Wellington Phoenix midfielder Tim Payne has expressed his embarrassment and remorse after breaking coronavirus self-isolation rules to take an early morning joy ride in Sydney.
Payne and teammate Oliver Sail could face sanctions from the club after they took a golf cart for a joyride along a busy road on Tuesday morning.
The club confirmed Payne and Sail were involved in the incident, in which they used and damaged facility property, but denied Australian media reports that an arrest was made.
Speaking to Radio Sport's Jason Pine, Payne said he was "incredibly embarrassed" but took full responsibility for the situation.
"It was definitely a mistake on my behalf. It's just one of those things you wish you could take back," Payne said.
"I 100 per cent expect there to be repercussions for my actions."
Payne said he, Sail and some of their teammates had been drinking at the team's facility in Sydney on Monday night, but only the pair of them were involved in the incident.
"It was never our intention to [leave quarantine]. I don't know exactly how far [from the quarantine area] it was," Payne said.
"There will be some legal sanctions in Australia, yes. I'll take full responsibility for that, whatever the club and FFA decide, I'll take full responsibility.
"I've made my bed and I've got to take responsibility for my actions."
The initial report, from the Daily Telegraph, said Payne was spotted driving the cart while shirtless at 1am on Tuesday before he was stopped by police. The Telegraph reported Payne had later been arrested, however Payne and the Wellington Phoenix have said that was not the case.
The club released a statement addressing the incident on Thursday morning.
"Despite reports to the contrary, initial investigations have found that Tim Payne was not arrested during the incident and no member of the public was involved," the club said.
"The Wellington Phoenix is taking the matter very seriously and is continuing its investigations. The club will release a further statement once its investigation is complete."
The golf cart was found five kilometres from where the team were staying, according to reports.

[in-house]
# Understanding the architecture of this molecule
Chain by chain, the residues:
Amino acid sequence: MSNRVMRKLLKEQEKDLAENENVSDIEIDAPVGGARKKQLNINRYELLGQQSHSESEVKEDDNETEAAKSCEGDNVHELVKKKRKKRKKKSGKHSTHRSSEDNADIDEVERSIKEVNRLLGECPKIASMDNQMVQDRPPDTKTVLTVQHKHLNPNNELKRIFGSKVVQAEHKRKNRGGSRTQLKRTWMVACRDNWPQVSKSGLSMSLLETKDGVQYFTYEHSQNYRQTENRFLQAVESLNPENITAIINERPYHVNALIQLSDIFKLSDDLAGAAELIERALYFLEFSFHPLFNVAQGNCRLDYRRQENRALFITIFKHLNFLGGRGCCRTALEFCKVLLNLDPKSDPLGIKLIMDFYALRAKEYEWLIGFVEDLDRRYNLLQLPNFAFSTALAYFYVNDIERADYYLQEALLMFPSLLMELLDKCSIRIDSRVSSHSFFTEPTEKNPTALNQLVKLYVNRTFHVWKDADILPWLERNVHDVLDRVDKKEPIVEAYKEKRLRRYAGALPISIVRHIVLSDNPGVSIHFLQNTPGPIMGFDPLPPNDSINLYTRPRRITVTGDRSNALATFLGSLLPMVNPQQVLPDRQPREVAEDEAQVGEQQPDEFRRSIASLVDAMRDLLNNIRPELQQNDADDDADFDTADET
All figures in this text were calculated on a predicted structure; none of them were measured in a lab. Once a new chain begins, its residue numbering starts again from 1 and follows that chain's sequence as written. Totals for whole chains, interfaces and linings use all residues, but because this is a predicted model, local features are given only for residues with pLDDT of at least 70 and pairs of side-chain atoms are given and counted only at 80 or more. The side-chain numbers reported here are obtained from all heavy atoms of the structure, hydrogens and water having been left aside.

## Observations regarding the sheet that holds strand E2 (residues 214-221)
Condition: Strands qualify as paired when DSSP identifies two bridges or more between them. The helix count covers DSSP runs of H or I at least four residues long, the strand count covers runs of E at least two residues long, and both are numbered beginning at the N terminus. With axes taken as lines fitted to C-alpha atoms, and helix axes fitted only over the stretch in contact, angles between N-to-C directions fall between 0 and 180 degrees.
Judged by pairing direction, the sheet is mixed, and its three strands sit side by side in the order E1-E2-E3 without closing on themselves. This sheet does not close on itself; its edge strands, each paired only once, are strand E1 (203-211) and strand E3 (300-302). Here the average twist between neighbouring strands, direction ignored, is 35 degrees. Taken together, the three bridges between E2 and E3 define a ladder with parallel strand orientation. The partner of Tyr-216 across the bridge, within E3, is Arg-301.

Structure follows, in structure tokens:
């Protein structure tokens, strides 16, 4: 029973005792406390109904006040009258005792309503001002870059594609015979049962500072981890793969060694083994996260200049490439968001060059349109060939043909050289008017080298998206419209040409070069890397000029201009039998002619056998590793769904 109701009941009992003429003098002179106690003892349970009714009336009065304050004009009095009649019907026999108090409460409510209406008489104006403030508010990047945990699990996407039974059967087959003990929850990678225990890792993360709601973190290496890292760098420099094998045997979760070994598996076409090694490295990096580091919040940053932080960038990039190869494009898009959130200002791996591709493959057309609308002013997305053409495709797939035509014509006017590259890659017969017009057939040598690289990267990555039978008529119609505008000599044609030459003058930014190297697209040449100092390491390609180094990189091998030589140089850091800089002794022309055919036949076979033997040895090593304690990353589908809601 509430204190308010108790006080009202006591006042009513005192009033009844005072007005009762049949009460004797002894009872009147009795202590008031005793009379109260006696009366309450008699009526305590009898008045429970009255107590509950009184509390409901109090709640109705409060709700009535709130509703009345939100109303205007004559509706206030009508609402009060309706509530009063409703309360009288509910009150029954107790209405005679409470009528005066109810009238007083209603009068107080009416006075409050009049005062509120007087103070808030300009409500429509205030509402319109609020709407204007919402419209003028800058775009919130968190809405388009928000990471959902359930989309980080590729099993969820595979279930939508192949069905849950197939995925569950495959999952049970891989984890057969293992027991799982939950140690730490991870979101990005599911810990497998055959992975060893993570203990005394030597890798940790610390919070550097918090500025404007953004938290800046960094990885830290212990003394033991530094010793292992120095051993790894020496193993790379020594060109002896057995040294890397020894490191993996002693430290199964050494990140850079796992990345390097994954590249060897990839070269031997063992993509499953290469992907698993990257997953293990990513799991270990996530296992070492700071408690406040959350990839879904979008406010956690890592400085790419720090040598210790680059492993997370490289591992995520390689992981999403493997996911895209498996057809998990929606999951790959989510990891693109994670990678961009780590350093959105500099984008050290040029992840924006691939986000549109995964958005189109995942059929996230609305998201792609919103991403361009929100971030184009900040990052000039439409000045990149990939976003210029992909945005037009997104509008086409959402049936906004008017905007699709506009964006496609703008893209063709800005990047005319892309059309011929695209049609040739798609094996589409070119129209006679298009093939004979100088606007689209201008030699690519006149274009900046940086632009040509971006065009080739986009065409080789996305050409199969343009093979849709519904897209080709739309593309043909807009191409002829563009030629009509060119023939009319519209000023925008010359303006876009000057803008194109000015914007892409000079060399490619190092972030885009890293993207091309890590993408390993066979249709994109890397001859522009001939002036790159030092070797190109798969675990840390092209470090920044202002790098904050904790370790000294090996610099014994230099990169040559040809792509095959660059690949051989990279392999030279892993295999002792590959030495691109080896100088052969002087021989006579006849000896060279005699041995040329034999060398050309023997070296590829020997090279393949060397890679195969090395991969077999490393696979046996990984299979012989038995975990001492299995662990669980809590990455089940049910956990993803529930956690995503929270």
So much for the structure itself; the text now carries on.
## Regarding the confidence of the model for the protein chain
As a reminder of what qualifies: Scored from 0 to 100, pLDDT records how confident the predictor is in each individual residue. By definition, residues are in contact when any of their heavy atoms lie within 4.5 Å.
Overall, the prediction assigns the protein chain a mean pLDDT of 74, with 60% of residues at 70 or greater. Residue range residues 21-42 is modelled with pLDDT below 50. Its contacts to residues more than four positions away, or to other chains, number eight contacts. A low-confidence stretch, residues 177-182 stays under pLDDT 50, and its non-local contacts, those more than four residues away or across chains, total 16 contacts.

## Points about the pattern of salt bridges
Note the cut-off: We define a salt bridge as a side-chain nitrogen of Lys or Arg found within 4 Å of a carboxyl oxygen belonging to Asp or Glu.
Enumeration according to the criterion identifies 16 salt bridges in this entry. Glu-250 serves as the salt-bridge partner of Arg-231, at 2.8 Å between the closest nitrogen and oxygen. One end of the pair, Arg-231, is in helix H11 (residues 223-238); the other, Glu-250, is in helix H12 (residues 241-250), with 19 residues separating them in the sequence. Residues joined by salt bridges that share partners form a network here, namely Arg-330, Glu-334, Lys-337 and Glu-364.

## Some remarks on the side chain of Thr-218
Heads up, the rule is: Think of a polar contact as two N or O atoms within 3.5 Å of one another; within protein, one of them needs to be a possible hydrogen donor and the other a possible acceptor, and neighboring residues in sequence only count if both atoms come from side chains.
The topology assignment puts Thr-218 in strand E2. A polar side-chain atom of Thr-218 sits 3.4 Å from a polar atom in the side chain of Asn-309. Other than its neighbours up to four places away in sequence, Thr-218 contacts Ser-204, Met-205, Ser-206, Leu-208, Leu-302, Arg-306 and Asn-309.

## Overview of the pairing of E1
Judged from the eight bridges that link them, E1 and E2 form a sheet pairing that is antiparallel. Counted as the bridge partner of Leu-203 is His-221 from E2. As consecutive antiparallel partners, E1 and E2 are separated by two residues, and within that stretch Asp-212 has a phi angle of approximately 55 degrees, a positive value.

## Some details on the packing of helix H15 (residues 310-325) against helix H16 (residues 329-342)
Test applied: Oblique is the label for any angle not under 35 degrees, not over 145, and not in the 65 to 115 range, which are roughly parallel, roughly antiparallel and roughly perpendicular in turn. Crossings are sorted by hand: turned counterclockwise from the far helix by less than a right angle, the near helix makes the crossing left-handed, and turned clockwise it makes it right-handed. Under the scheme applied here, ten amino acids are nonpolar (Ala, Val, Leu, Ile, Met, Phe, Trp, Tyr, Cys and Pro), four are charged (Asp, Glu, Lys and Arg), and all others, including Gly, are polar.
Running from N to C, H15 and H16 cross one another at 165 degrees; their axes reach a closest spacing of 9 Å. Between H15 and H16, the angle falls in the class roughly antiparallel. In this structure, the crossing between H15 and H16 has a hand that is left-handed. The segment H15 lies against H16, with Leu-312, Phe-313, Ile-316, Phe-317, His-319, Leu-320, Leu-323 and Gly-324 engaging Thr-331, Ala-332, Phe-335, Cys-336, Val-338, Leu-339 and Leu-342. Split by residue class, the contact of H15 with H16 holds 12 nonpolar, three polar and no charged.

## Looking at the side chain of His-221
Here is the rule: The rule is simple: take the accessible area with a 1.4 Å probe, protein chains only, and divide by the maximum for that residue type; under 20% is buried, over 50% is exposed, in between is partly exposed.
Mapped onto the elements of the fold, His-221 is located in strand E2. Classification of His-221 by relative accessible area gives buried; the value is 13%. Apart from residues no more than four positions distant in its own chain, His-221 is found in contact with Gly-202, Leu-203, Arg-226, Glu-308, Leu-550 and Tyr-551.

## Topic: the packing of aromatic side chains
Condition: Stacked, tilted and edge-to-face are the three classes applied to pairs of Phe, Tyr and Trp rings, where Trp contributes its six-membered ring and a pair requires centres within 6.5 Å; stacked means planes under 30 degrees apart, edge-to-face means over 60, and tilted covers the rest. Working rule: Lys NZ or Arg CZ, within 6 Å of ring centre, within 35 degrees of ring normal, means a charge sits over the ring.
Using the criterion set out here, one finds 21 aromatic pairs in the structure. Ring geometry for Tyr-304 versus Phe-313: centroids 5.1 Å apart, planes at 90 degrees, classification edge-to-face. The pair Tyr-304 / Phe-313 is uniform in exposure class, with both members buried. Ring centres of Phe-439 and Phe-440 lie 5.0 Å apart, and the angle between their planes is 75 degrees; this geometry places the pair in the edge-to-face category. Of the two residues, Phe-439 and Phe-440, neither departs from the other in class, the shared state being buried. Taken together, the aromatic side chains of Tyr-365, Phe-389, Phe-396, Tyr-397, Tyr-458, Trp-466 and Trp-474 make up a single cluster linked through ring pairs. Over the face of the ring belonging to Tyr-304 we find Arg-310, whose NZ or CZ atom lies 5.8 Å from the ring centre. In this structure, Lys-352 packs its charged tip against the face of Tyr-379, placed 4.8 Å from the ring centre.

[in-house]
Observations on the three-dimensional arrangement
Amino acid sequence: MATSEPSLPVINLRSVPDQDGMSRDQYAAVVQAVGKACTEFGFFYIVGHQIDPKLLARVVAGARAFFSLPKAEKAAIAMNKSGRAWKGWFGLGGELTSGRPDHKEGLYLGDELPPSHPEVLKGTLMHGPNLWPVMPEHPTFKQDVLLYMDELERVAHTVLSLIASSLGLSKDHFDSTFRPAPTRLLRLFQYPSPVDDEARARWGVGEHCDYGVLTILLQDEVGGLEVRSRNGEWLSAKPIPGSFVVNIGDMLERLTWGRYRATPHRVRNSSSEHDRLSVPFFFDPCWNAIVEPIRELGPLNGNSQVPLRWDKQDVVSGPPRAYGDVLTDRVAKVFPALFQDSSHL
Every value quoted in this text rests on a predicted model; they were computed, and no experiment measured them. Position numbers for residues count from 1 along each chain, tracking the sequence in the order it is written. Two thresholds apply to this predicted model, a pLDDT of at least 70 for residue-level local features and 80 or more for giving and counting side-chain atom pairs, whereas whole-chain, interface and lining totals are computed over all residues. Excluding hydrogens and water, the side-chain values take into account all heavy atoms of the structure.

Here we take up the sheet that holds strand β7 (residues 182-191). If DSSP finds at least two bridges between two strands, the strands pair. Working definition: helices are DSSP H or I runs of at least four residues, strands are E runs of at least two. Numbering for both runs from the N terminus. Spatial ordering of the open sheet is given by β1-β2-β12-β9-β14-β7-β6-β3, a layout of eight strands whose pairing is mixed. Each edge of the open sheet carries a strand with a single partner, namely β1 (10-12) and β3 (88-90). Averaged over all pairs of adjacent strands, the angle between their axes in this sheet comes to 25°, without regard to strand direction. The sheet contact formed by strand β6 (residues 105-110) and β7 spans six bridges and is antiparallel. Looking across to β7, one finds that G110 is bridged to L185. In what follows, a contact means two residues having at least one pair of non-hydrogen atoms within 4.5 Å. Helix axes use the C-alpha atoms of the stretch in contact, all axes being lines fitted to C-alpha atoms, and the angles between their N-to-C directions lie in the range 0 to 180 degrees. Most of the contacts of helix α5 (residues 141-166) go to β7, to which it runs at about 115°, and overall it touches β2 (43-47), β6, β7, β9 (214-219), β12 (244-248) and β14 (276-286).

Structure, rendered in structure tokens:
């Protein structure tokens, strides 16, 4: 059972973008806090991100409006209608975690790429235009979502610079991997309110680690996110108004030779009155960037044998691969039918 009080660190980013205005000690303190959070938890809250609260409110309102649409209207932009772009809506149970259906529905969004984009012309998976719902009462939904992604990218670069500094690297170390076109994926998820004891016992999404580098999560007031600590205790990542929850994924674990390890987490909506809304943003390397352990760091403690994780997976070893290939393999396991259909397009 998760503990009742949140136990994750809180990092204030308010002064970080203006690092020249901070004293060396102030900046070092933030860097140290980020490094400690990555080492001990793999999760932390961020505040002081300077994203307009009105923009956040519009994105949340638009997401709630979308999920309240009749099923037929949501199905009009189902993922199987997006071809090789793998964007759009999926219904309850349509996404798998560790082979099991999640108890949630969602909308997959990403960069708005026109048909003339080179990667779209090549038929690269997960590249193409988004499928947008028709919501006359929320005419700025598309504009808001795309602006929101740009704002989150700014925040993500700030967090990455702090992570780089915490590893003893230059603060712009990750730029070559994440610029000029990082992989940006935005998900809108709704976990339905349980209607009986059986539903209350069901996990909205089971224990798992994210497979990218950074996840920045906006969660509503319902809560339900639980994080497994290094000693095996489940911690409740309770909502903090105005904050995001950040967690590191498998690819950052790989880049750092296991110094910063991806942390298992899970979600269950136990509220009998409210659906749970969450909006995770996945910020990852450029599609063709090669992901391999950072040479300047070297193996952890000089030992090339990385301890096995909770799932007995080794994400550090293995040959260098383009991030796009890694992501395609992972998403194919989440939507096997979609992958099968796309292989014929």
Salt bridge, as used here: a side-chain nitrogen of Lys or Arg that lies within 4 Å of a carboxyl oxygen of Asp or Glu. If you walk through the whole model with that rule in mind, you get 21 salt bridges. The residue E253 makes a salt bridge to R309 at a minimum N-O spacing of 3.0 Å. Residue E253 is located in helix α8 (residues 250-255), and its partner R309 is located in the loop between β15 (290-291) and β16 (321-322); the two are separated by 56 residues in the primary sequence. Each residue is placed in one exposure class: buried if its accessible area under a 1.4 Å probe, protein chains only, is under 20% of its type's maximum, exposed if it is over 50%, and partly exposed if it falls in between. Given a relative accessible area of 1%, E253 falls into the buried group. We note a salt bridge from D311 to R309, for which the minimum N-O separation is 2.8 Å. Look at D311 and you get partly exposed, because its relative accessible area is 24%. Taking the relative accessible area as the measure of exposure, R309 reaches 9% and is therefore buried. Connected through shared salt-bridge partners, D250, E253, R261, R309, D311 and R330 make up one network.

The club left Sydney for New Zealand later that day after the A-League was postponed on Monday.
The Phoenix squad and staff had been a 14-day period of self-isolation in Sydney after arriving last Wednesday to play out the rest of the A-League season in Australia.
They were set to recommence their league campaign on Saturday, April 4 but the season was postponed for the foreseeable future.
Phoenix general manager David Dome said that prior to the FFA's decision, the club had tried everything in its power to play out as much of the A-League season as it could, but the spread of Covid-19 had made it untenable to remain in Australia.
"We didn't want to subject the players and staff to the risk of being stranded in Australia for an indefinite period of time," he said.
"The players, staff and management were 100 per cent committed to doing the best it could this season and playing out as much of the A-League season as was possible - their positive attitude and dedication is a tribute to them, as was as the support of the families, fans and the club's corporate partners.
"This was an incredible season for the Wellington Phoenix and even though it has been postponed, it was still our highest finish to date; while we're disappointed at the postponement, the right thing to do now is to get everyone home to their loved ones during this unprecedented time of crisis."
The FFA has scheduled a formal status announcement for April 22 to assess when the A-League season could be completed.
In the meantime, the Phoenix will remain ready to continue the season if and when required, with each player being given a personal training plan to maintain their fitness during this time.